What you are about to see is a 4 part series of ‘secret’ carp fishing blogs, leading up to the capture of Colin, the 52lb 12oz St Ives lakes mega carp.
Watch part one here:
Watch part two here:
Watch part three here:
Watch part four here:
What you are about to see is a 4 part series of ‘secret’ carp fishing blogs, leading up to the capture of Colin, the 52lb 12oz St Ives lakes mega carp.
Watch part one here:
Watch part two here:
Watch part three here:
Watch part four here:
TF Gear team members Simon and Ceri recently headed down to the River Wye one evening after work. The guys picked up a decent catch of barbel and chub on a selection of TF Gear tackle, including the Airlite free-spool reel, Nantec mono and Banshee barbel rod.
This quick report with images shows what great fun you can have whilst river coarse fishing!
Simon elected to use the new Nash Cultured boilie hook baits with a delivery of groundbait and pellet in PVA bags. The banshee barbel rod in 1.5lb test curve was definitely man enough for the job. These tactics paid off almost right away!
Using cage and feeder tactics with groundbait, Ceri started picking up decent sized chub on 8mm pellets, and also the odd minnow – some of them new personal bests!
With 12lb nantec main line, there was no danger of loosing fish or tackle. The drag of the TF Gear Airlite reels are perfectly smooth, and excel in playing strong fish such as barbel and big river chub that like to dive for the nearest snag.
Last knockings are often the best times for river coarse fishing – it really pays to stay on until the darkness and beyond if you can! There was a flurry of action as the light faded, with chub to 4lb and barbel to 6lb gracing the nets.
TF Gear fishing tackle is ideal for river coarse fishing, visit the website to checkout the entire range!
I probably get asked as many questions about cameras as I do about fishing nowadays.
I suppose that I normally have a remote in my hand in most of my trophy shots and a lot of people would like to improve their self-photography as this is the main subject of the inquiries. The reason I take so many self-take photos is a mixture of two things really.
I do often fish alone and I much prefer it that way but, even when other anglers are on the lake, I tend to take my own pictures whenever possible. Firstly I do not like to drag other people away from their fishing, particularly not at the main bite times, which is generally when you have a fish to photograph.
If another angler has to reel in his rods to help me deal with a fish then I always think that I am depriving him the chance of a carp himself, which hardly seems fair.
Also, there are actually only a handful of people that I would trust to take shots that a fussy git like me will be happy with. This is not a slur on others photographic skills it is just that, once the fish has been returned, there is no chance for a second attempt.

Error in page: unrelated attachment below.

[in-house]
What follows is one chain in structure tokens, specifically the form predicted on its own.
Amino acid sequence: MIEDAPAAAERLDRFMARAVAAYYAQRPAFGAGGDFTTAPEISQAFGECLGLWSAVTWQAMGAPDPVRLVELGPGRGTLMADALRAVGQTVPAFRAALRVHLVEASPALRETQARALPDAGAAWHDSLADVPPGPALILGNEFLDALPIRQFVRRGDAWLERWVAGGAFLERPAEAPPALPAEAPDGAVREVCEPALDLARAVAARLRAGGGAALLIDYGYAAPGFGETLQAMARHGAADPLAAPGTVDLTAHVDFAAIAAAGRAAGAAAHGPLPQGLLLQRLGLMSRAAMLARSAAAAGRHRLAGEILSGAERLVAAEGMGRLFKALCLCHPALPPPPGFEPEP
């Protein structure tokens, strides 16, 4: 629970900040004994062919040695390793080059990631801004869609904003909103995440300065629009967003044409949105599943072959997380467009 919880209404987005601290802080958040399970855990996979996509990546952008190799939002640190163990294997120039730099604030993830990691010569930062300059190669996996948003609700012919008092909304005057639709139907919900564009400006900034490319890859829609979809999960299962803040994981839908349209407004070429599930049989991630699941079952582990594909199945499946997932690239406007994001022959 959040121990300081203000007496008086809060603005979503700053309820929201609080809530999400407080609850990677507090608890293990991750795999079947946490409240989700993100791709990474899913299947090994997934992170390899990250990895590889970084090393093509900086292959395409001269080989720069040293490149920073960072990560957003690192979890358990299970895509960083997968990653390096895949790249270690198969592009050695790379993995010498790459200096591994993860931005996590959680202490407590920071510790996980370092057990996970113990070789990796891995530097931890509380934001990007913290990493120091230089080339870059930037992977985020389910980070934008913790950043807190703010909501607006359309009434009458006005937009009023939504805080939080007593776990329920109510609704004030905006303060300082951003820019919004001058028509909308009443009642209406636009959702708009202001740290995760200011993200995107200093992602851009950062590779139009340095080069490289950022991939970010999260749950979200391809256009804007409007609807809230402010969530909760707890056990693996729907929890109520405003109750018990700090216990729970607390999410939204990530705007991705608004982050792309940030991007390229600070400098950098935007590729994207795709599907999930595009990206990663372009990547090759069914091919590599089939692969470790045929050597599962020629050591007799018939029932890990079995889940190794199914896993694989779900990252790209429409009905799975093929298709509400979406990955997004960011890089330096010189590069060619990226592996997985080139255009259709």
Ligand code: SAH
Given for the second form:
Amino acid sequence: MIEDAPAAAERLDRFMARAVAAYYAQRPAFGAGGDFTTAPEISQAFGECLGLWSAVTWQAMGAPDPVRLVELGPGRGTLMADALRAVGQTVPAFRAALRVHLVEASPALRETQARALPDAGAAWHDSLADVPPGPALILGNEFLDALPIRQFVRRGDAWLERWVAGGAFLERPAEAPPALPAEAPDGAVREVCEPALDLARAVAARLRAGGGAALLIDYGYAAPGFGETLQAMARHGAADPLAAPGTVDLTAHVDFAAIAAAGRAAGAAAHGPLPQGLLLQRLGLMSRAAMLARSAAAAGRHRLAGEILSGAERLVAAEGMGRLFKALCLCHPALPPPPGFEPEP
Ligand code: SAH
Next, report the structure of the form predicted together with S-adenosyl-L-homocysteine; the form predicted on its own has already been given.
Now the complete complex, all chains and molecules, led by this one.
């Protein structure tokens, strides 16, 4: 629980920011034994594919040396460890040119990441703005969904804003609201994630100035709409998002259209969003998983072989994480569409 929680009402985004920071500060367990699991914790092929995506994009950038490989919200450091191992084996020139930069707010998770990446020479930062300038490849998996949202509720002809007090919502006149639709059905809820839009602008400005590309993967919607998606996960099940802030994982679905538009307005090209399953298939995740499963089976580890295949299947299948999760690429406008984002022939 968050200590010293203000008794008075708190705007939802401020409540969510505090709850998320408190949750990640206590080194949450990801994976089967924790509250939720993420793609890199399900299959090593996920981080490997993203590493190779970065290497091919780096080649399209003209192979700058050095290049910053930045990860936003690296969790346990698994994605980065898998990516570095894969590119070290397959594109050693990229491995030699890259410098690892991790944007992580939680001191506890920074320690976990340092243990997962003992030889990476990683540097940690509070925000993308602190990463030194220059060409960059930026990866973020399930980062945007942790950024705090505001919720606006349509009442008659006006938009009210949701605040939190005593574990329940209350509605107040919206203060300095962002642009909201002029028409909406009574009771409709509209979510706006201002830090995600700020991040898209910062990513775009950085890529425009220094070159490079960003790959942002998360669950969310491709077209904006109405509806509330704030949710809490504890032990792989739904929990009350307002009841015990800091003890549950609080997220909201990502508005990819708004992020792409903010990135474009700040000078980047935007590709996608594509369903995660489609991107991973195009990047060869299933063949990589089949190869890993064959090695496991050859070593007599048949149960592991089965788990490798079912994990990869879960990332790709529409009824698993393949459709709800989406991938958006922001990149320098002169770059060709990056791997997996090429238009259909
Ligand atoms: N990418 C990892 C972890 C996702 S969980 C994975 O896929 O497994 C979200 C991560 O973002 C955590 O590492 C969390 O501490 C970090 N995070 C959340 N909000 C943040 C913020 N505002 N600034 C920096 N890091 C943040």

Photos are very important to me, I spend a lot of time chasing carp and I like to able to look back and see that magical moment, a sixtieth of a second, frozen forever in time.
Obviously the safety of the fish on the bank is paramount and yes, it is a lot to deal with when you have the camera and the carp to contend with but this is easily solved by forward planning, the correct equipment and a bit of practise without a real live fish in the equation.
All of this goes out of the window if I get a really huge fish, a target I have been hunting, a personal best or anything that really blows me away because, just like everyone else, I still get a bit flustered at the sight of a really special fish and then I will enlist some help.
Basically, you need to get into a routine where your camera is acting almost like another angler in the swim (without all the wisecracks) it should be in the perfect position, ready to take a photo at any time and capable of showing you the result without you having to move an inch.
To this ends I would only recommend a camera with a flip screen, one that actually points at you and displays either the picture you have just taken or, even better, has a ‘live view’ function so that you can frame the shot before pressing the fire button.
In the old days we used to have miles of cable for an air shutter release running across the ground but most half decent cameras nowadays either come with a remote or you can purchase one to suit.
Personally I like to use an SLR camera and my model of choice is the Cannon 70D, not a cheap camera by any means but I think it’s worth the outlay.
The previous model, a 60D is also incredibly good and I had one for years up until recently. You can pick up a second hand 60D for around £400 on e-bay, with a lens, which may sound a lot but, in reality, it is about the price of a new bivvy, or a couple of new rods and it will give you excellent results for years to come.
If that is out of the budget then there are ‘bridge camera’s’ like the Canon G series to consider, I used to have a G-3 that gave amazing results and I saw a second hand one on E-Bay for £40 the other day, boxed and complete with leads and a spare battery!